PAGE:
A snake uses dynamic friction to move forward, this is not as inefficient as it might first appear. The skin of the snake is very elastic and is made out of highly polished scales which overlap each other with a friction coefficient between 0.3 and 0.4. The scales are pointing backwards providing low forward friction and high backward friction. The scales are not used for “walking”, forward motion is only done by muscle contraction.

Jan 19

A snake has several methods of moving forward:

Lateral undulation

Waves of muscular contraction and relaxation propagate from front to rear. Each point of the body slides along a single track on the ground without any static contact.

  • efficient way to progress
  • needs wide space
  • does not work on smooth surface
  • movement hindered by great body mass

Concertina progression

Sequential folding and unfolding of the body used differences in static and dynamic friction along different parts of the body.

  • works even in narrow spaces
  • inefficient

Side winding

Continuous alternating waves of lateral bending while maintaining only two contact points to the ground. Thus the body is shifted to the side.

  • relatively efficient
  • useful on soft grounds
  • not in narrow locations

Slide pushing

Quick waves from head to tail propels the body as a reaction to slip friction. The belly scales provide the outcome of a forward movement.

  • works on low friction surfaces
  • very ineffective

Rectilinear motion

Muscles shift the skeleton with respect to the skin. Waves of muscular contraction along the body propels the whole body. Traction to the ground is enabled by belly scales.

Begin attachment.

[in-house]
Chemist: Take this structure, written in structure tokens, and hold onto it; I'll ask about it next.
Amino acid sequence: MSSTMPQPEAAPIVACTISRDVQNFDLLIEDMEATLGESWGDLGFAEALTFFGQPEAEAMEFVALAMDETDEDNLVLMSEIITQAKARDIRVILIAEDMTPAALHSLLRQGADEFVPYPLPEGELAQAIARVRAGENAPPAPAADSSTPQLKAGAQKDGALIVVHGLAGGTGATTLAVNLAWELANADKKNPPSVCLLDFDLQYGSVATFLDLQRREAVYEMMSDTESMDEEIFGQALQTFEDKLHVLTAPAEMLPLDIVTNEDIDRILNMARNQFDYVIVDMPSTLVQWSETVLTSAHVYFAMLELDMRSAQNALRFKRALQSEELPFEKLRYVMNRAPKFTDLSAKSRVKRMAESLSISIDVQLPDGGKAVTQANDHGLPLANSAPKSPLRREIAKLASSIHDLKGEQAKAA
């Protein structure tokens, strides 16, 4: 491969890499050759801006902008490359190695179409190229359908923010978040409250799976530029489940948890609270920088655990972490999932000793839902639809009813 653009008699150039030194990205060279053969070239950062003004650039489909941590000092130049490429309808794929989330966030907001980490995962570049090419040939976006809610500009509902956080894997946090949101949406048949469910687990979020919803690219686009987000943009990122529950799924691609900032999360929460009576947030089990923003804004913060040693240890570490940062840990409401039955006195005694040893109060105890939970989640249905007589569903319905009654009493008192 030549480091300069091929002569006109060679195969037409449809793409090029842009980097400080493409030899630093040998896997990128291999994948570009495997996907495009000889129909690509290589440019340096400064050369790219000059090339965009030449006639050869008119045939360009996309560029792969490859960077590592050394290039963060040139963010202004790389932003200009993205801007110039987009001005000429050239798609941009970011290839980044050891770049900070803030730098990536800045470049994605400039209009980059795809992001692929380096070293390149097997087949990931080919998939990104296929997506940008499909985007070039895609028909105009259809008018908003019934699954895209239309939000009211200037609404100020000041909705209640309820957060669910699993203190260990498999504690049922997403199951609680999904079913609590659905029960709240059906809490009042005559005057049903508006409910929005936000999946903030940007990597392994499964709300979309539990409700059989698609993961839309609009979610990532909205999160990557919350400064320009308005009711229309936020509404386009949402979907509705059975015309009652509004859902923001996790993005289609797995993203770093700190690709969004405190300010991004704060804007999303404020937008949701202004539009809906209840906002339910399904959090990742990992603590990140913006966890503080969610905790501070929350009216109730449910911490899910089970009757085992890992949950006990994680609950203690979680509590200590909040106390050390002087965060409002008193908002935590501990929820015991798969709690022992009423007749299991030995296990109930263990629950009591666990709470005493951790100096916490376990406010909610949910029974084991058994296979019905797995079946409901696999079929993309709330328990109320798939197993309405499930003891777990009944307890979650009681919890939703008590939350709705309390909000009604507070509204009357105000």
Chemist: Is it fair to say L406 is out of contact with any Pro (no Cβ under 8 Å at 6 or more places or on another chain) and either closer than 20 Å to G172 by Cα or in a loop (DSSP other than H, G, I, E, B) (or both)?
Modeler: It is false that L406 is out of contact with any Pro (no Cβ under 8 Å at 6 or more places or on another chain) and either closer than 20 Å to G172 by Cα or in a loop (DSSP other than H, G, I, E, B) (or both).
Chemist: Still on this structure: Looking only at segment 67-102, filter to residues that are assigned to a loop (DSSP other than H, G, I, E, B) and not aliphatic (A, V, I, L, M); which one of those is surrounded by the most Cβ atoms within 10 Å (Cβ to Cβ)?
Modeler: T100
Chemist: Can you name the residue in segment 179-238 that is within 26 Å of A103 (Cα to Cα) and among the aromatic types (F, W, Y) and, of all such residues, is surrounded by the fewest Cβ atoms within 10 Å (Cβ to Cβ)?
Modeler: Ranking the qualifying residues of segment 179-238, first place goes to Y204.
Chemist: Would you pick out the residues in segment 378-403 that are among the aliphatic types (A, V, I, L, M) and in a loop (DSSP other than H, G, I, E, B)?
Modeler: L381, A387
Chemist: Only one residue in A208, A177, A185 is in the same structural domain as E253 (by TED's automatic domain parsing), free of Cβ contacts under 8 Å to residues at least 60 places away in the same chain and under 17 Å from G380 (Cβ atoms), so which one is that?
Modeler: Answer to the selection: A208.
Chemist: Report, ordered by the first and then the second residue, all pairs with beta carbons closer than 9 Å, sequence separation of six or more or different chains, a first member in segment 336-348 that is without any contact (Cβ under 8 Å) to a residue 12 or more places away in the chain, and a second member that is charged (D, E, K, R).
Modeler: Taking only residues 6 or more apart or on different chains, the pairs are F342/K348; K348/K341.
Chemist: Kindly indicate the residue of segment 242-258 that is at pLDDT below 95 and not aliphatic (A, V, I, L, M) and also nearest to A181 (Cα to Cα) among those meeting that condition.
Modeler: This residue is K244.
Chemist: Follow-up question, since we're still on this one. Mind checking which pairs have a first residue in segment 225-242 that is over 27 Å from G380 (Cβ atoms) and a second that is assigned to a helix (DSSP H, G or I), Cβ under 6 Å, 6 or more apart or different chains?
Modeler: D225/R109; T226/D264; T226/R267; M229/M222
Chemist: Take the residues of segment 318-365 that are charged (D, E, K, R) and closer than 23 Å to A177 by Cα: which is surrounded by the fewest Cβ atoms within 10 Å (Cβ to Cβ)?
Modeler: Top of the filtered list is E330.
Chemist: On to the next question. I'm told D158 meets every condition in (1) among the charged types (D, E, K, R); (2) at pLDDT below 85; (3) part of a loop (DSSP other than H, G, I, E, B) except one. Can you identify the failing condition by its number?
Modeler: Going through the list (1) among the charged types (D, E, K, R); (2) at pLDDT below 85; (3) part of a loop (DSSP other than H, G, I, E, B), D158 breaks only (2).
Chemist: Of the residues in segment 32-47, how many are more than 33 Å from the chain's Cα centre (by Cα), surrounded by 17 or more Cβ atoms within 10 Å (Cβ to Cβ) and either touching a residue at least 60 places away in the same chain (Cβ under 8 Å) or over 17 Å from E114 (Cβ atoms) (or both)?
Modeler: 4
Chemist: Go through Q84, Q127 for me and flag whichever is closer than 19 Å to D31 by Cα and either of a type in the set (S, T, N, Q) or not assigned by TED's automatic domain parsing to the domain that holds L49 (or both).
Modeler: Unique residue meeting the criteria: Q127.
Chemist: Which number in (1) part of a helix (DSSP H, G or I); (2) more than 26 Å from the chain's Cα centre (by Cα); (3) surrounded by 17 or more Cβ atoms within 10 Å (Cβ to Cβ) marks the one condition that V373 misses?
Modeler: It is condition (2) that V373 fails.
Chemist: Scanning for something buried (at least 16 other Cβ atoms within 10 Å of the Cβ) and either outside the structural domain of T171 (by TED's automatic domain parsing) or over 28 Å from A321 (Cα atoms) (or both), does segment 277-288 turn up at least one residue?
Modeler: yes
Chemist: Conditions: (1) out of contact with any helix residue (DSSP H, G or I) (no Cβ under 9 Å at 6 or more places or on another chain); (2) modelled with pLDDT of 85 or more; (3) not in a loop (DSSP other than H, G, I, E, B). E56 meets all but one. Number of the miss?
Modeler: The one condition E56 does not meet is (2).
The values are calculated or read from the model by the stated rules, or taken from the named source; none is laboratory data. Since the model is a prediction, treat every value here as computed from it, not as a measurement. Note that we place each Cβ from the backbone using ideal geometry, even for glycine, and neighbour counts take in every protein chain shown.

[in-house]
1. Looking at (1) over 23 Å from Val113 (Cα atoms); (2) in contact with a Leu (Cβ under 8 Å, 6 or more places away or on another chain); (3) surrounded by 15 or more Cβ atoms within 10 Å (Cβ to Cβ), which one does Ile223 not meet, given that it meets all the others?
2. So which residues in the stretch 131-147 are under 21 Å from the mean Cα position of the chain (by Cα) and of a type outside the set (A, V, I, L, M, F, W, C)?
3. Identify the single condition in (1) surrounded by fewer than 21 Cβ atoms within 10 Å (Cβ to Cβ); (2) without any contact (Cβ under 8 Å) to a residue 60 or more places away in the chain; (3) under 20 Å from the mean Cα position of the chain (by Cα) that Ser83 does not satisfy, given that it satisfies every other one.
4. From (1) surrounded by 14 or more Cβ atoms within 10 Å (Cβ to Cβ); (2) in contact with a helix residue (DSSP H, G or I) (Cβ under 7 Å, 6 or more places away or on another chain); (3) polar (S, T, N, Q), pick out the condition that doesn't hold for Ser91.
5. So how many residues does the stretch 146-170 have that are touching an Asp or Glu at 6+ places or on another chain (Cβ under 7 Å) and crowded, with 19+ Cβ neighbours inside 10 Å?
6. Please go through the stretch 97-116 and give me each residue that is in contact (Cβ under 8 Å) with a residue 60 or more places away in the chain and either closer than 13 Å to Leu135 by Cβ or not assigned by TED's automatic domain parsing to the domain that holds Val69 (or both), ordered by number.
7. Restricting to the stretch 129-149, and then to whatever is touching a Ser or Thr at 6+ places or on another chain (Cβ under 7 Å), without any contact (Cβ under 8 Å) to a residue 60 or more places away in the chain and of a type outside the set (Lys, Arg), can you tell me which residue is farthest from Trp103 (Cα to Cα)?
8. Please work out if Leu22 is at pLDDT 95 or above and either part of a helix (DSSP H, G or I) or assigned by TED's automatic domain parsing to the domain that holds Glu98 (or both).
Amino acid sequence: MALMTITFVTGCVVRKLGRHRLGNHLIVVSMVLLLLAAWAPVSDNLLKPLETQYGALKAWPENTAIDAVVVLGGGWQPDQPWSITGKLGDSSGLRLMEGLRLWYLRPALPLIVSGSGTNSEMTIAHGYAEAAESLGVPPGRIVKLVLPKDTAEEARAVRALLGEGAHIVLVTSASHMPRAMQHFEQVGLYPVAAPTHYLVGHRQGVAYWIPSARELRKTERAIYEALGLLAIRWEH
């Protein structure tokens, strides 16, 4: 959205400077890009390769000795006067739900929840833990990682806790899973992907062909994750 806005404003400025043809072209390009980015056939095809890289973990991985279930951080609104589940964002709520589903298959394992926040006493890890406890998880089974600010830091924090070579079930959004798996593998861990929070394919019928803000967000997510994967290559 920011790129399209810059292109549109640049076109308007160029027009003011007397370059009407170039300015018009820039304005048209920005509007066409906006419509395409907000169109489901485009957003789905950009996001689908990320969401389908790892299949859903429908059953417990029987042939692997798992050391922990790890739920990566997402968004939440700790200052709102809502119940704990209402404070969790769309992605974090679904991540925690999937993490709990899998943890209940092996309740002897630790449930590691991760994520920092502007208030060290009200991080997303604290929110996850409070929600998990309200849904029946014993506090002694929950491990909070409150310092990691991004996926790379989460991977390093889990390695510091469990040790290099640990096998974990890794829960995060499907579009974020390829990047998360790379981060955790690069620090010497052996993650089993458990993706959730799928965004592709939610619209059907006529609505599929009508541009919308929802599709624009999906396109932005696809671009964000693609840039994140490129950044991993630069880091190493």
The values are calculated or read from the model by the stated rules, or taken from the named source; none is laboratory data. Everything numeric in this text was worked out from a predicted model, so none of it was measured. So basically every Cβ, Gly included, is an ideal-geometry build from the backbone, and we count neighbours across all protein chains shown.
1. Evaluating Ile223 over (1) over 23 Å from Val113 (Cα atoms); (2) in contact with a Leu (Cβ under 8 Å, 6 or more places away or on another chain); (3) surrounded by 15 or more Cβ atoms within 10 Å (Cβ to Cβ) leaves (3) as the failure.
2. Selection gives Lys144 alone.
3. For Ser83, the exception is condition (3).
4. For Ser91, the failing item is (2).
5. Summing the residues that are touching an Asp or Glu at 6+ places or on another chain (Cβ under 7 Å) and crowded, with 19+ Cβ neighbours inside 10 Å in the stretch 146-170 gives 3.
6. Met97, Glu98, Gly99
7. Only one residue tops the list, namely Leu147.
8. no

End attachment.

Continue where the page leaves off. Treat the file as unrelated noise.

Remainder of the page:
• works with heavy bodies
  • effective
Jan 19

I modifed the stylesheet so that the area for text is larger allowing a larger font size to be used and larger images. Specially the screenshots in Generate the G-code page are imrpoved by this action.

Also minor changes are made to the grafics, for example the bullet is now more in-line with the rest and the icon on top allowing you to sign up for RSS feeds and to log in has been increased.

Jan 19

I spend the last 8 months on learning how the mill a part for the robots. Main goal was to build a CNC machine and figure out the process from designing a part in 3D all the way to autometed milling of the part. This process is documented in the page Machining parts.

Jan 18

After milling the first parts I got hold of a piece of very nice plastic called POM, this turned out to be perfect! It mills three times as fast as aluminum and the mills stay perfectly sharp. It’s a hard plastic so the forces that can be applied to the part are high, I would definitively advice you to use this material.

For aluminum type 5083 the milling speed is typical 100mm/min for a 6mm endmill using a 1.5mm depth per pass and 2mm stepover. For POM this can be 200mm/min for a 6mm endmill using 3.0mm depth per pass and 2mm stepover. In a single pass 2 times the amount of material is removed with 2 times the speed.